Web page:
Boys are harder to potty train – it’s official. At least, according to MFM mums.
We asked 1229 of you about your toilet training experiences, including the differences between girls and boys.
Our survey found a clear difference between potty training boys and girls
– Over a third (35%) of parents believe girls are easier to potty train than boys while only 14% of parents believe boys are easier to train than girls
– 54% of parents of girls start potty training before the age of 2 compared to only 38% of parents of boys
– 6% of parents of boys admitted to delaying starting potty training because of fears about how challenging it could be
– 31% parents of boys wish there was more potty training advice available compared to 21% parents of girls
Boys learn in a different way to girls
Why is this? Developmental research suggests that boys’ brains develop differently than girls and learning often takes on different forms for boys than for girls. In essence, boys need to try and do the same activity over and over, in order to learn.
It was also found that boys like to switch between activities. This may mean they focus on potty training for a few minutes and then switch to something else, like playing with a toy, in order to learn.
The amount of space boys use can also be different. Boys like to use lots of space, when learning a new activity whether its potty training, throwing a ball or eating.
Girls tend to focus on one activity at a time, stay in a smaller space, and don’t need as many repetitive tries at something new like potty training. This is partly because girls develop more communication and language skills earlier than boys and can learn more from communicating with you about the activity.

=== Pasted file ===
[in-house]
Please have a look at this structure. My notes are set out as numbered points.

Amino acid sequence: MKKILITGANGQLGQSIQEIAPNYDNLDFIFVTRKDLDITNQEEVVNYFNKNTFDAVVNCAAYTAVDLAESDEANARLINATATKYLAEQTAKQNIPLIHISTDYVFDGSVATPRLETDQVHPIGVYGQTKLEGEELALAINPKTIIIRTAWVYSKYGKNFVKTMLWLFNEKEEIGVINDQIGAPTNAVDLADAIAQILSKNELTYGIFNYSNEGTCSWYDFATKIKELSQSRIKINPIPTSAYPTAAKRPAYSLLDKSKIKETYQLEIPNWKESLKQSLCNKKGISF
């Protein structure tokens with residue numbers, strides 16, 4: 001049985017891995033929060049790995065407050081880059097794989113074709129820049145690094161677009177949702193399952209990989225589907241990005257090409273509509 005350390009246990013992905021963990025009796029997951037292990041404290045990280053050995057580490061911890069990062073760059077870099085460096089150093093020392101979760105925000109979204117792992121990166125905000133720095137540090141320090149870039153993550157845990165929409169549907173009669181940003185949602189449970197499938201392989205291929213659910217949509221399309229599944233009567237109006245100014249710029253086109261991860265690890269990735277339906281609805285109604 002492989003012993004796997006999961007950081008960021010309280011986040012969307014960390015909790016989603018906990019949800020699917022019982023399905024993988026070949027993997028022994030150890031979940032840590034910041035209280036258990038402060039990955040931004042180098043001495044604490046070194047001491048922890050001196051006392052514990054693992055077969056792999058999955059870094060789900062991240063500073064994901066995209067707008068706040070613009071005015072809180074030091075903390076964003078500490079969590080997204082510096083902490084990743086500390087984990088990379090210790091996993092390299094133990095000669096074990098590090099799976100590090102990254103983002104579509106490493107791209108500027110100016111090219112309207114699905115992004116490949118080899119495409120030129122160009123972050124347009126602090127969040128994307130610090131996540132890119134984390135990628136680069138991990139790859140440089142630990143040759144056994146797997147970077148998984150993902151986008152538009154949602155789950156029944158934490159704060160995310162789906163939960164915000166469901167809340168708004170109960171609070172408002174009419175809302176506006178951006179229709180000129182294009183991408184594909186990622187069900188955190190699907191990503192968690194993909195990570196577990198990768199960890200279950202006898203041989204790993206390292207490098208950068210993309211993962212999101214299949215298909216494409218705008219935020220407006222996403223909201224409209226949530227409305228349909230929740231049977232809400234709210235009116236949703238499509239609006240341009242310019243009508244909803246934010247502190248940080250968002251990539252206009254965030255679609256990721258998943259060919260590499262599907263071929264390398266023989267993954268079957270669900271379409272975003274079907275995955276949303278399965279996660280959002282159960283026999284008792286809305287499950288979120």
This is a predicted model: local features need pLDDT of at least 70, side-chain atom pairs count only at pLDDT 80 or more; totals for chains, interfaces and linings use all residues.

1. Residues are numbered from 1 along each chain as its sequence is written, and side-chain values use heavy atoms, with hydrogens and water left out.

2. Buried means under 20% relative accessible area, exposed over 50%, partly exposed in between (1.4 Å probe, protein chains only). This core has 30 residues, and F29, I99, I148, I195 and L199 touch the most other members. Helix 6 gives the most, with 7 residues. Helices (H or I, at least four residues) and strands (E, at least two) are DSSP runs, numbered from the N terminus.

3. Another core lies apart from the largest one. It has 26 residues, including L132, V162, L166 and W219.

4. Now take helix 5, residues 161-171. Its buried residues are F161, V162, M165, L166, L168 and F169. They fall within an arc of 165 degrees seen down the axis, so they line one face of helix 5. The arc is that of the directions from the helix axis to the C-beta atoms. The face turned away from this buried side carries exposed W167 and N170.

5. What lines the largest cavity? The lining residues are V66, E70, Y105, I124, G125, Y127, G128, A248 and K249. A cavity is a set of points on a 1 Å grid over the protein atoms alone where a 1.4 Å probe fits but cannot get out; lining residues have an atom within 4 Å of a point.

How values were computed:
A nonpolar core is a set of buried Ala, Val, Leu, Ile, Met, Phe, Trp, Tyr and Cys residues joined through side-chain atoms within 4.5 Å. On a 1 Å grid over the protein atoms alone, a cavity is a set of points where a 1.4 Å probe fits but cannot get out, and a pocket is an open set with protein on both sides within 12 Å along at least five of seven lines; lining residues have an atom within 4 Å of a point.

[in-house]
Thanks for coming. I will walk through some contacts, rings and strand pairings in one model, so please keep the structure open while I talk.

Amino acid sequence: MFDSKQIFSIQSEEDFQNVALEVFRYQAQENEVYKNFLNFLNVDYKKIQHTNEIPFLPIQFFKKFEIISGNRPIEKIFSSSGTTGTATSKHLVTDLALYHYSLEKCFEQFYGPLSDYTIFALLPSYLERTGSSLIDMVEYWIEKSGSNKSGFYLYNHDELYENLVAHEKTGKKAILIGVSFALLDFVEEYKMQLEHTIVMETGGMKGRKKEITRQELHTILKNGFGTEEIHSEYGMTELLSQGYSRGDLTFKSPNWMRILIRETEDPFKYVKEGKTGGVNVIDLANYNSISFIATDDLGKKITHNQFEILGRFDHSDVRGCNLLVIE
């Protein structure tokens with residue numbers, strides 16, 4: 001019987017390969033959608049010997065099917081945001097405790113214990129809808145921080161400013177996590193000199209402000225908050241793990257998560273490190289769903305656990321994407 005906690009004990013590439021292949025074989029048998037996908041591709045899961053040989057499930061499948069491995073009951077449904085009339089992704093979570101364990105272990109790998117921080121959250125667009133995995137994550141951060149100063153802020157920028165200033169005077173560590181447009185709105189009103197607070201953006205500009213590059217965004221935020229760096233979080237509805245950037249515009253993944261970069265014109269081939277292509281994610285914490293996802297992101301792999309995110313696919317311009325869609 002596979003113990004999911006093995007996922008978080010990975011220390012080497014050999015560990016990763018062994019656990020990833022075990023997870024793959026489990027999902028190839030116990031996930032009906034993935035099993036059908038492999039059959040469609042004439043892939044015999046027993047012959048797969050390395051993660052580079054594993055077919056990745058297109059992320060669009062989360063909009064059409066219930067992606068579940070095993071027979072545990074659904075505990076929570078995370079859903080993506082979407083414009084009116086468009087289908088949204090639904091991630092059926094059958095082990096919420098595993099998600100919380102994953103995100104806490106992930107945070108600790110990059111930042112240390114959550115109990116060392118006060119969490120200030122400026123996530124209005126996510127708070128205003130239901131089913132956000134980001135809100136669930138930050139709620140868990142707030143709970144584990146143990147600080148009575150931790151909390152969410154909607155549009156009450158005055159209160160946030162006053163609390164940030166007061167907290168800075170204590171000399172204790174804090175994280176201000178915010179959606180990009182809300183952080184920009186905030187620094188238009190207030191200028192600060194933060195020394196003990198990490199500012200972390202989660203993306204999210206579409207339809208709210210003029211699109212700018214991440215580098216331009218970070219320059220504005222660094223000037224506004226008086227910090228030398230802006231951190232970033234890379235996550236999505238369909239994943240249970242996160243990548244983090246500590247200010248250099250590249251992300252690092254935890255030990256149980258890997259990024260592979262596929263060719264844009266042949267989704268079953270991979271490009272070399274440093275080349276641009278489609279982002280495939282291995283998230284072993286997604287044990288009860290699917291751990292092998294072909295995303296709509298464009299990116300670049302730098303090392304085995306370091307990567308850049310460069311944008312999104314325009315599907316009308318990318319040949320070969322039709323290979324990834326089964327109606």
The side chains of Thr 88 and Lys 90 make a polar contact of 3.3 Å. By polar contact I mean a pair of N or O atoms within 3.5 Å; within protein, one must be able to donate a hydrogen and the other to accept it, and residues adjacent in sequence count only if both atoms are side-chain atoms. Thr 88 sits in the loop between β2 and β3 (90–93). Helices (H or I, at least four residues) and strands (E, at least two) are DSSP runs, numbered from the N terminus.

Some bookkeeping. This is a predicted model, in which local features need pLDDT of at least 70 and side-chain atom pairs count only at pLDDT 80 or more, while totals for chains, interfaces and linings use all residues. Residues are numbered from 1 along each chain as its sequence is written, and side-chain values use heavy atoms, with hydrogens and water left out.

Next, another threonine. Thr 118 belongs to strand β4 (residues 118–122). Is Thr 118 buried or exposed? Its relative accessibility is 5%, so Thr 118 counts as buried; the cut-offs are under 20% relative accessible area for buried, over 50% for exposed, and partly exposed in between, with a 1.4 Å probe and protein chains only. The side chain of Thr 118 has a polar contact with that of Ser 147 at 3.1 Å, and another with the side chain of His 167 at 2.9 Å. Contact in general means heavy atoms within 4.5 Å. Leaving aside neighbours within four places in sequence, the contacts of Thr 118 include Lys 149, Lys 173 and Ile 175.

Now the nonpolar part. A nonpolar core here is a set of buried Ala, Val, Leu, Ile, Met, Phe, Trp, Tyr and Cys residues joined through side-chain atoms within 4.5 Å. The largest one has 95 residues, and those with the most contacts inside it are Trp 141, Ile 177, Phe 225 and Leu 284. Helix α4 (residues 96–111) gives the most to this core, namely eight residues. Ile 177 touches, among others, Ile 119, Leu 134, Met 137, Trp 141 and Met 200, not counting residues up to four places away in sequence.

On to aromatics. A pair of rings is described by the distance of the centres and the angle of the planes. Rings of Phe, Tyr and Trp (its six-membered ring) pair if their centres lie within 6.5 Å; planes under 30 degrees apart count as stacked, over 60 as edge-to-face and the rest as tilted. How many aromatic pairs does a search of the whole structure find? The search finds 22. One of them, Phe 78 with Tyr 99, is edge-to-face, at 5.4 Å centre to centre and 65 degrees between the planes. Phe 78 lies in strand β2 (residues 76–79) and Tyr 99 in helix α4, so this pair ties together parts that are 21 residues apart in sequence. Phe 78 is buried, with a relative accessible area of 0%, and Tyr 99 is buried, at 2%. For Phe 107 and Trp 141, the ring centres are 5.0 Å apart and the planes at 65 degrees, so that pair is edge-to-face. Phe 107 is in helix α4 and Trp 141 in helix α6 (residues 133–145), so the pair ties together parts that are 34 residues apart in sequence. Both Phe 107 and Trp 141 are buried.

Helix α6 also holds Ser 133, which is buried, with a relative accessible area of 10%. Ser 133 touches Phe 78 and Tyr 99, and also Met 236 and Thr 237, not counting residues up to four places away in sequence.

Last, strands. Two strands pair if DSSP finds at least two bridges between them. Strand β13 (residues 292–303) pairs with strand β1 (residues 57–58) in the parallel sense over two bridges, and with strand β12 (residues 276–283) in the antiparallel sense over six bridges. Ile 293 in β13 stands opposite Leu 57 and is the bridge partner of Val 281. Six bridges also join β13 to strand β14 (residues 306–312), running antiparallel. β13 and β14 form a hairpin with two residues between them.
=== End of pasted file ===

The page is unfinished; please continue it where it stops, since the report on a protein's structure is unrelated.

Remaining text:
Boys are likely to be less focused, more distracted and need more space than girls when learning a new skill like potty training.
Boys potty train later
By the age of two and a half:
– over half (56%) of girls are fully trained in the day compared to 44% of boys
– nearly a third of girls (30%) are fully dry at night compared to one in five boys (19%)
– 22% parents of boys admit they’ve had ‘more potty training attempts than they can remember’ compared with 13% of parents of girls
The big difference
One big difference between the two genders is of course, how we pee. As boys will eventually stand to pee, boys have a more complex two-step process. When you start potty training, both boys and girls will sit on the potty. But at some point, boys have to learn to stand and aim – which can bring its own challenges!
We’re all different
After pointing out all of these differences, not everyone agrees. With 27% of you believing that gender doesn’t affect how easy or hard it is to potty train, it clearly depends on the individual. Each child is different, we can all agree on that, and potty training can be tricky at times whether you are training a girl or a boy.